Download: 495Mbit / 61,87MB/sec
Upload: 451Mbit / 56,37MB/sec
CPU Usage peak during download: 66%
CPU Usage peak during upload: 97%

iperf -c -w 1MB -t 30 -P 16 (with or without -R)
Download: 519Mbit / 64,87MB/sec
Upload: 472Mbit / 60,25MB/sec
CPU Usage peak during download: 80%
CPU Usage peak during upload: 99%

iperf -c -w 1MB -t 30 -P 100 (with or without -R)
Download: 563Mbit / 70,37MB/sec
Upload: 480Mbit / 60,00MB/sec
CPU Usage peak during download: 90%
CPU Usage peak during upload: 99%

Well that is surprising? Even while routing and doing NAT the hAP AC remains exactly as fast as not doing those tasks! Either some parts of the software still need to be fixed or it just works because of fasttrack, I don’t know right now. It just does surprisingly well doing both tasks at the same time.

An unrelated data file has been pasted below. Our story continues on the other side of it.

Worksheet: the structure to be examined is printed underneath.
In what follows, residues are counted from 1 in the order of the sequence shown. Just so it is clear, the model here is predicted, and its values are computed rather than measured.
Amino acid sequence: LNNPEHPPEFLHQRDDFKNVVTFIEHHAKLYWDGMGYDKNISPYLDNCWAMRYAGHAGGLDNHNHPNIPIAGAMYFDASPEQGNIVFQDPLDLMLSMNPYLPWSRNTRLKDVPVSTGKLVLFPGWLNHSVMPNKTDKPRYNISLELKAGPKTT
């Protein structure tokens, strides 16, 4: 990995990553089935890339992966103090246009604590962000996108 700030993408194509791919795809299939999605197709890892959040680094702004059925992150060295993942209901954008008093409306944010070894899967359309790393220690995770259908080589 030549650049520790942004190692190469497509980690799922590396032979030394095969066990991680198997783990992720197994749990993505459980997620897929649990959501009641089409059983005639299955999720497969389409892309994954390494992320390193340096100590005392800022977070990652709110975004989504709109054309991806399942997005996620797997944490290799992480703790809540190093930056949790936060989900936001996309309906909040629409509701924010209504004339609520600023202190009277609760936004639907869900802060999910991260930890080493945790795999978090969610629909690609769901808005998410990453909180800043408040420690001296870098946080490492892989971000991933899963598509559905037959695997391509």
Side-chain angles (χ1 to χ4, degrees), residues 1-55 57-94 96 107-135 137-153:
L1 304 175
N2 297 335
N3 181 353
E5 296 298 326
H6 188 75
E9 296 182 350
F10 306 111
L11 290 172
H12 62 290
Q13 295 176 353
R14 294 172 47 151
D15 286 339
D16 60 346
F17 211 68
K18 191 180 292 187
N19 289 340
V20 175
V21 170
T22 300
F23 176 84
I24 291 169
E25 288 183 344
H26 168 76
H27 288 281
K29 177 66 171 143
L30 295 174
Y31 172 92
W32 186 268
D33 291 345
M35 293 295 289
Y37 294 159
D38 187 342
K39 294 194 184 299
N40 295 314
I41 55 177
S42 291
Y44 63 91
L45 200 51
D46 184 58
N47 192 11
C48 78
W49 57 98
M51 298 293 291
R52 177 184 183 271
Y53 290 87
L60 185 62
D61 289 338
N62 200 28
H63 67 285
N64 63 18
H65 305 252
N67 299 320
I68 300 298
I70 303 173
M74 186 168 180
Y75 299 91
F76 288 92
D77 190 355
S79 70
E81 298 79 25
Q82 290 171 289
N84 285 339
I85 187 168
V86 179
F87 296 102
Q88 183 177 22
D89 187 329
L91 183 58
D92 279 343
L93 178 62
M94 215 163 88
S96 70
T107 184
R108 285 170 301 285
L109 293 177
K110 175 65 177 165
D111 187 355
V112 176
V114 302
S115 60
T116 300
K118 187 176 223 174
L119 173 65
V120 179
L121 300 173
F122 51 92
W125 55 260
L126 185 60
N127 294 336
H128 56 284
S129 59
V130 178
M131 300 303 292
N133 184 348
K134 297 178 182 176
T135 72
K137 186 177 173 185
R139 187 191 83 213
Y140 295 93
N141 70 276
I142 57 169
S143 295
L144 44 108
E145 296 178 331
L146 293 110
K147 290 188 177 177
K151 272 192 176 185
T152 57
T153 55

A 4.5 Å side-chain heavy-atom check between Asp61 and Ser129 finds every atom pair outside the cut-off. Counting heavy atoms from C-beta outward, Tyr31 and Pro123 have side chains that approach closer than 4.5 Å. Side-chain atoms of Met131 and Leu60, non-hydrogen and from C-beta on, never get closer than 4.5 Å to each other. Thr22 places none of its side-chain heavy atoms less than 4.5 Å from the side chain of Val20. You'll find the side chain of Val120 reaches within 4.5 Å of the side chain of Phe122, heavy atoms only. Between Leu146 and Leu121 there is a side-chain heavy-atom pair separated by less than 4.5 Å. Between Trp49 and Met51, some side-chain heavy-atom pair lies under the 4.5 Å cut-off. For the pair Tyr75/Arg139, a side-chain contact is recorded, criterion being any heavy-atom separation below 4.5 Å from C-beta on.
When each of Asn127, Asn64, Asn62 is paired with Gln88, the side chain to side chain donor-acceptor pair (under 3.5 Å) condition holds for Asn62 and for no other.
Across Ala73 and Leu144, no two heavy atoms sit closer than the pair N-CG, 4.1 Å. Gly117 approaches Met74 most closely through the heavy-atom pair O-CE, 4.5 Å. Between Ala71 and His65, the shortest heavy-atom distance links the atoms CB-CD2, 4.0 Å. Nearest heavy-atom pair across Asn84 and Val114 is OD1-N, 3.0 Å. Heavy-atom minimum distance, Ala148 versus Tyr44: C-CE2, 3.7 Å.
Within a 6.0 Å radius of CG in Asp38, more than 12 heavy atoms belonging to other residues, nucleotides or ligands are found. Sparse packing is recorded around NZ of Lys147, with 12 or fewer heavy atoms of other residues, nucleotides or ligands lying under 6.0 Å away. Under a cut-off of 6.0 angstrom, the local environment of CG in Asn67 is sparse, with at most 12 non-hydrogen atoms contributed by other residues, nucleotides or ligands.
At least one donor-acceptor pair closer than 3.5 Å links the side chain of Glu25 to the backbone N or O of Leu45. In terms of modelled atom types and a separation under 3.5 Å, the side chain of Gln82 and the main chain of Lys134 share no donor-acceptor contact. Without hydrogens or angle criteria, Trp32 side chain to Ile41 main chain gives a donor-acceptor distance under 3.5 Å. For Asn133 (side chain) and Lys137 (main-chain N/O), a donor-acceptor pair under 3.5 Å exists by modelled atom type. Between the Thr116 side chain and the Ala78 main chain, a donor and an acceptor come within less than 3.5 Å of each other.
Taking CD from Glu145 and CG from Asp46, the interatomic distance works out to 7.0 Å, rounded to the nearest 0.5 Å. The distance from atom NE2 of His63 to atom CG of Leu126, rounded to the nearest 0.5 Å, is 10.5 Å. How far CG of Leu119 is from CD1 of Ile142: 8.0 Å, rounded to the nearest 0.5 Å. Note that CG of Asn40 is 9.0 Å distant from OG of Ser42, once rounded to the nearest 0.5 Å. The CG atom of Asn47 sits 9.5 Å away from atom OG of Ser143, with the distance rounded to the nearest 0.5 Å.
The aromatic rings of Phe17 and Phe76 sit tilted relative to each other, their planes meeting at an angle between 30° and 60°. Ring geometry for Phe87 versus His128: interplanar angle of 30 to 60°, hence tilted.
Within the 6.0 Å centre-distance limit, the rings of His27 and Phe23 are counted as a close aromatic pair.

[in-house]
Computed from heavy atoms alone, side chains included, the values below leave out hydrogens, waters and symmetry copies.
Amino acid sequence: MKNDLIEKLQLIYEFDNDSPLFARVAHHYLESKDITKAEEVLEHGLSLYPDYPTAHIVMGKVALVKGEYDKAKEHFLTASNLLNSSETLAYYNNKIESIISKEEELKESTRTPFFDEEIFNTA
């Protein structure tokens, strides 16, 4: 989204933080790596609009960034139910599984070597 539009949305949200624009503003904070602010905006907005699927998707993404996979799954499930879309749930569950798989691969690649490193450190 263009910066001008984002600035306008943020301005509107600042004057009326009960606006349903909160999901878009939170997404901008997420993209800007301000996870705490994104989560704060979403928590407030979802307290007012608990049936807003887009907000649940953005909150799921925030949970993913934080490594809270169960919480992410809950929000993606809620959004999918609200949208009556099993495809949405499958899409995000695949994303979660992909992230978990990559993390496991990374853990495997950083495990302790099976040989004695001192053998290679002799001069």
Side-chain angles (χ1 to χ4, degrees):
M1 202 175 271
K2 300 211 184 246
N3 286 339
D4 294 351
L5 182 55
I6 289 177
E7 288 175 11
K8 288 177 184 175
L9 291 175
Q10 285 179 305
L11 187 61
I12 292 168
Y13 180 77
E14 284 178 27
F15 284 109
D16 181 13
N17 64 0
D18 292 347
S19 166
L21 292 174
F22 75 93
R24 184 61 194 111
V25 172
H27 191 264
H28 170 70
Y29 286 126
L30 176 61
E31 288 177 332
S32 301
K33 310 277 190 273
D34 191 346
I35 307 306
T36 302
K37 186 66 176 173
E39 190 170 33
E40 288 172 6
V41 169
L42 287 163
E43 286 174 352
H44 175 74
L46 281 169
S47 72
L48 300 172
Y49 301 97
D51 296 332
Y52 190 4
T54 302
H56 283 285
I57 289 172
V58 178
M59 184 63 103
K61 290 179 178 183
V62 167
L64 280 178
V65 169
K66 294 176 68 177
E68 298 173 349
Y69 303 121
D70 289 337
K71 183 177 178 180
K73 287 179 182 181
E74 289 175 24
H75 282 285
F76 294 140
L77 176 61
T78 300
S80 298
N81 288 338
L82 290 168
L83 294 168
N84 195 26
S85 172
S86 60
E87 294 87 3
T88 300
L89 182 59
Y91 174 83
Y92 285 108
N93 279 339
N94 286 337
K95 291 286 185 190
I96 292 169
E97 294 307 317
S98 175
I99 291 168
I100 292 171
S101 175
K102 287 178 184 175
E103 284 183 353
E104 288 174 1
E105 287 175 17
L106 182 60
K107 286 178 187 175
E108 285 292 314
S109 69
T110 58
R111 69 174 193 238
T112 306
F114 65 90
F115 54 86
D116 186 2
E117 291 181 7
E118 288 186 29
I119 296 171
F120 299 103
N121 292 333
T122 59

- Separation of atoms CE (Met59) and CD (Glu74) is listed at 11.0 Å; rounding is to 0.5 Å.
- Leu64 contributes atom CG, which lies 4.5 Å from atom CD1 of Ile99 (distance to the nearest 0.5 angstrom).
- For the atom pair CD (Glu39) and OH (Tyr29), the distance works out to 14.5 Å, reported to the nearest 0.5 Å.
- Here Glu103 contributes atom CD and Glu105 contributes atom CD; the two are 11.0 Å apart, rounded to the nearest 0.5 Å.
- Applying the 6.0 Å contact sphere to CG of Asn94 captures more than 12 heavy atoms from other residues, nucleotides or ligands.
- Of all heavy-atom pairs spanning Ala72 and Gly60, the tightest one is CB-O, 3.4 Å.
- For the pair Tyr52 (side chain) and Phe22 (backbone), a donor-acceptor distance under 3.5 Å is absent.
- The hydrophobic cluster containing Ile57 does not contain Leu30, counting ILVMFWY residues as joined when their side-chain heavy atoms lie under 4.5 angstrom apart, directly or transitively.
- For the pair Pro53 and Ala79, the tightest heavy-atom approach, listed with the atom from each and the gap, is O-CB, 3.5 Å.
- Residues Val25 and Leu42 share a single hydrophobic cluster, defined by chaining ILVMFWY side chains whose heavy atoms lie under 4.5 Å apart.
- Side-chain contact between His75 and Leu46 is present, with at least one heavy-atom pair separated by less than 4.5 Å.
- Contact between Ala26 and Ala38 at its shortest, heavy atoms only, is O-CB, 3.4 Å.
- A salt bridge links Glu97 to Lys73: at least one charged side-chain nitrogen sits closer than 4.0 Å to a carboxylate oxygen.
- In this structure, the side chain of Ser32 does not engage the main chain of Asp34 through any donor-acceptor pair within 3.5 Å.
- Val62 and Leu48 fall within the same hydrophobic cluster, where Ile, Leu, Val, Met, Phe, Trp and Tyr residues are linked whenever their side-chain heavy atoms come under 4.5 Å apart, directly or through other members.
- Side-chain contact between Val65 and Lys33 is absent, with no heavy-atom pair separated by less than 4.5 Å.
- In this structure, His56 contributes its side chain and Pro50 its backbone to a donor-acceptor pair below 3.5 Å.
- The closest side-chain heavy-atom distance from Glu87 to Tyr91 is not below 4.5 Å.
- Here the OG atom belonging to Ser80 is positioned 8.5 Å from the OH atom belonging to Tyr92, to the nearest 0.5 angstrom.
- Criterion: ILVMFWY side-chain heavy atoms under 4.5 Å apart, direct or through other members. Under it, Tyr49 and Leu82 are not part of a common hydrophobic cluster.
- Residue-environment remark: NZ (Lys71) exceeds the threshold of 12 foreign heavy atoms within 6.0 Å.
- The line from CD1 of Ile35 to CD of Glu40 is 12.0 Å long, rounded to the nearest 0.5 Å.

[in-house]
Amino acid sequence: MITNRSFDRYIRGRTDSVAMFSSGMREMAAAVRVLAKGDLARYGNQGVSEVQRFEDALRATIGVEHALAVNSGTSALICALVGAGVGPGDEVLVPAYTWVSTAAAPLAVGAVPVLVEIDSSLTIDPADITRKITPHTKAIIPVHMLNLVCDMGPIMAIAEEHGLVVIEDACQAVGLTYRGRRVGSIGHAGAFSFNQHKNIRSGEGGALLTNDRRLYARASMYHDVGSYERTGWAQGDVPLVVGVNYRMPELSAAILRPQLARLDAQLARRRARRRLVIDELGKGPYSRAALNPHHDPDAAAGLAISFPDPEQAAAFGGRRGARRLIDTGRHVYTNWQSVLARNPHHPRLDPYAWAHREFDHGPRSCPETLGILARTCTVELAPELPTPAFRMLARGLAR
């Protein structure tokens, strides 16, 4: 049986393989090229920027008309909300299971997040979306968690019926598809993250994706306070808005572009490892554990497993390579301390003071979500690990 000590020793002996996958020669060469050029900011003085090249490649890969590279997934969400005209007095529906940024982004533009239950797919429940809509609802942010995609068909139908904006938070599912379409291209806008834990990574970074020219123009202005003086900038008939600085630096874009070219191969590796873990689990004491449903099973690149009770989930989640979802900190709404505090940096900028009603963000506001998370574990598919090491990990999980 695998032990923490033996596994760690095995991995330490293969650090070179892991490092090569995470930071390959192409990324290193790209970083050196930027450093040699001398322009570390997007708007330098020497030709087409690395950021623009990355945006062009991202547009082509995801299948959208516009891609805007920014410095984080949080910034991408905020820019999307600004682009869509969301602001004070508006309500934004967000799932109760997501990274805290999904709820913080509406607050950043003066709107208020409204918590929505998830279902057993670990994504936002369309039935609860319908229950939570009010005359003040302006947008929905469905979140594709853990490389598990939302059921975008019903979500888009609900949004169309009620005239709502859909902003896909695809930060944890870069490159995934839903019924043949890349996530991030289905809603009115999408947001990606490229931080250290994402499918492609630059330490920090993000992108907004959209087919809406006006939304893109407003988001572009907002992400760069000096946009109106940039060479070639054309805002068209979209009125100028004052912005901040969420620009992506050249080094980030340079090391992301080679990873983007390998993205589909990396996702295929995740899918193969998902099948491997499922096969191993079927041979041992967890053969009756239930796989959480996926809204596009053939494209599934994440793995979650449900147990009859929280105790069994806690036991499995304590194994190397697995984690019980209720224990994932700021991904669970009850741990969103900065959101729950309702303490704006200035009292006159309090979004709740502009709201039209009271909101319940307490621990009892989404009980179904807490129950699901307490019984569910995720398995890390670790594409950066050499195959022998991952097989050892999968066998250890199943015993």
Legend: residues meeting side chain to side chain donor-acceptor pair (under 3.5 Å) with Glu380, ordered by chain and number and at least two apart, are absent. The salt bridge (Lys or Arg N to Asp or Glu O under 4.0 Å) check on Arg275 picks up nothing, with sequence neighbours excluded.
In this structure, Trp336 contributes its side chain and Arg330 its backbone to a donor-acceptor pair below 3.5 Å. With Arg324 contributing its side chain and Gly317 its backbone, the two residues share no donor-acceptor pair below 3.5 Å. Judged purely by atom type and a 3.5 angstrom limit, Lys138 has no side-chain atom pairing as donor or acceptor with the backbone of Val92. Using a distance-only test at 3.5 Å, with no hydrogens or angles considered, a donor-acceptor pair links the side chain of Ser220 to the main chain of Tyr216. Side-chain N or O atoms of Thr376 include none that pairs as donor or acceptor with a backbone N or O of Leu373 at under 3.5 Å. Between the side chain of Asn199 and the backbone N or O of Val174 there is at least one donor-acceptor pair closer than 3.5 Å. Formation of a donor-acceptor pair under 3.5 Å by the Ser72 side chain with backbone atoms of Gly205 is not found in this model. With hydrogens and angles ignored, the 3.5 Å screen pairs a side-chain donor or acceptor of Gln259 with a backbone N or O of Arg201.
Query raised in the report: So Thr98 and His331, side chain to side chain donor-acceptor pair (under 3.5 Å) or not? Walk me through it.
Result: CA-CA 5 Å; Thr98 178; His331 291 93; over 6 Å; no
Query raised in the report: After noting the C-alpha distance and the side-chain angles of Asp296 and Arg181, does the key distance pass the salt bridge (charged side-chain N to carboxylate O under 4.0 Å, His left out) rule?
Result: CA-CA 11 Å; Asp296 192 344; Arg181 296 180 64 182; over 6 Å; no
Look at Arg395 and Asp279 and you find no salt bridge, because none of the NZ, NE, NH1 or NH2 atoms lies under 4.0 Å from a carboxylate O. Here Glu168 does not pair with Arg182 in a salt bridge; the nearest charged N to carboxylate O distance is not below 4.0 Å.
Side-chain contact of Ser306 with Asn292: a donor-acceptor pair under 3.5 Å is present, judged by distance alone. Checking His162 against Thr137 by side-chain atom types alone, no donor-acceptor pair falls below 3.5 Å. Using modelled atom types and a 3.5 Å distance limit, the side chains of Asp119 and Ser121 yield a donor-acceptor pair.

Power consumption

In doing some tests I judge idle wattage to be around 3 to 4 watt. The max power usage I don’t know yet, but the data given is confusing states max 17 watt while the little paper included with the hAP AC in the box says 5 watt. I’m inclined to believe the max 17 watt because the adapter that comes with it is a 24v 1.2A one, that equates to 28.8 watt. Mikrotik also uses 24v 0.8A (19.2 watt) and 24v 0.38A (9.12 watt) adapters. If the stated 5 watt would be correct, they would have included a lower amperage adapter so I’m thinking 17 watt is the correct max value.

Some photo’s of the device

DSC01765It comes in a neat tiny box

DSC01768All the hAP AC’s come bundled with a 24v 1.2A power adapter

DSC01774The backside of the chassis, plenty of holes for ventilation

DSC01785An overview of the board inside

DSC01790The ‘external’ antenna’s inside the case. You could hook up different one’s if you want

DSC01792Plenty of shielding on the backsize

DSC01800The front with a power socket, SFP slot and 5x Gigabit with POE in and out

Concluding remarks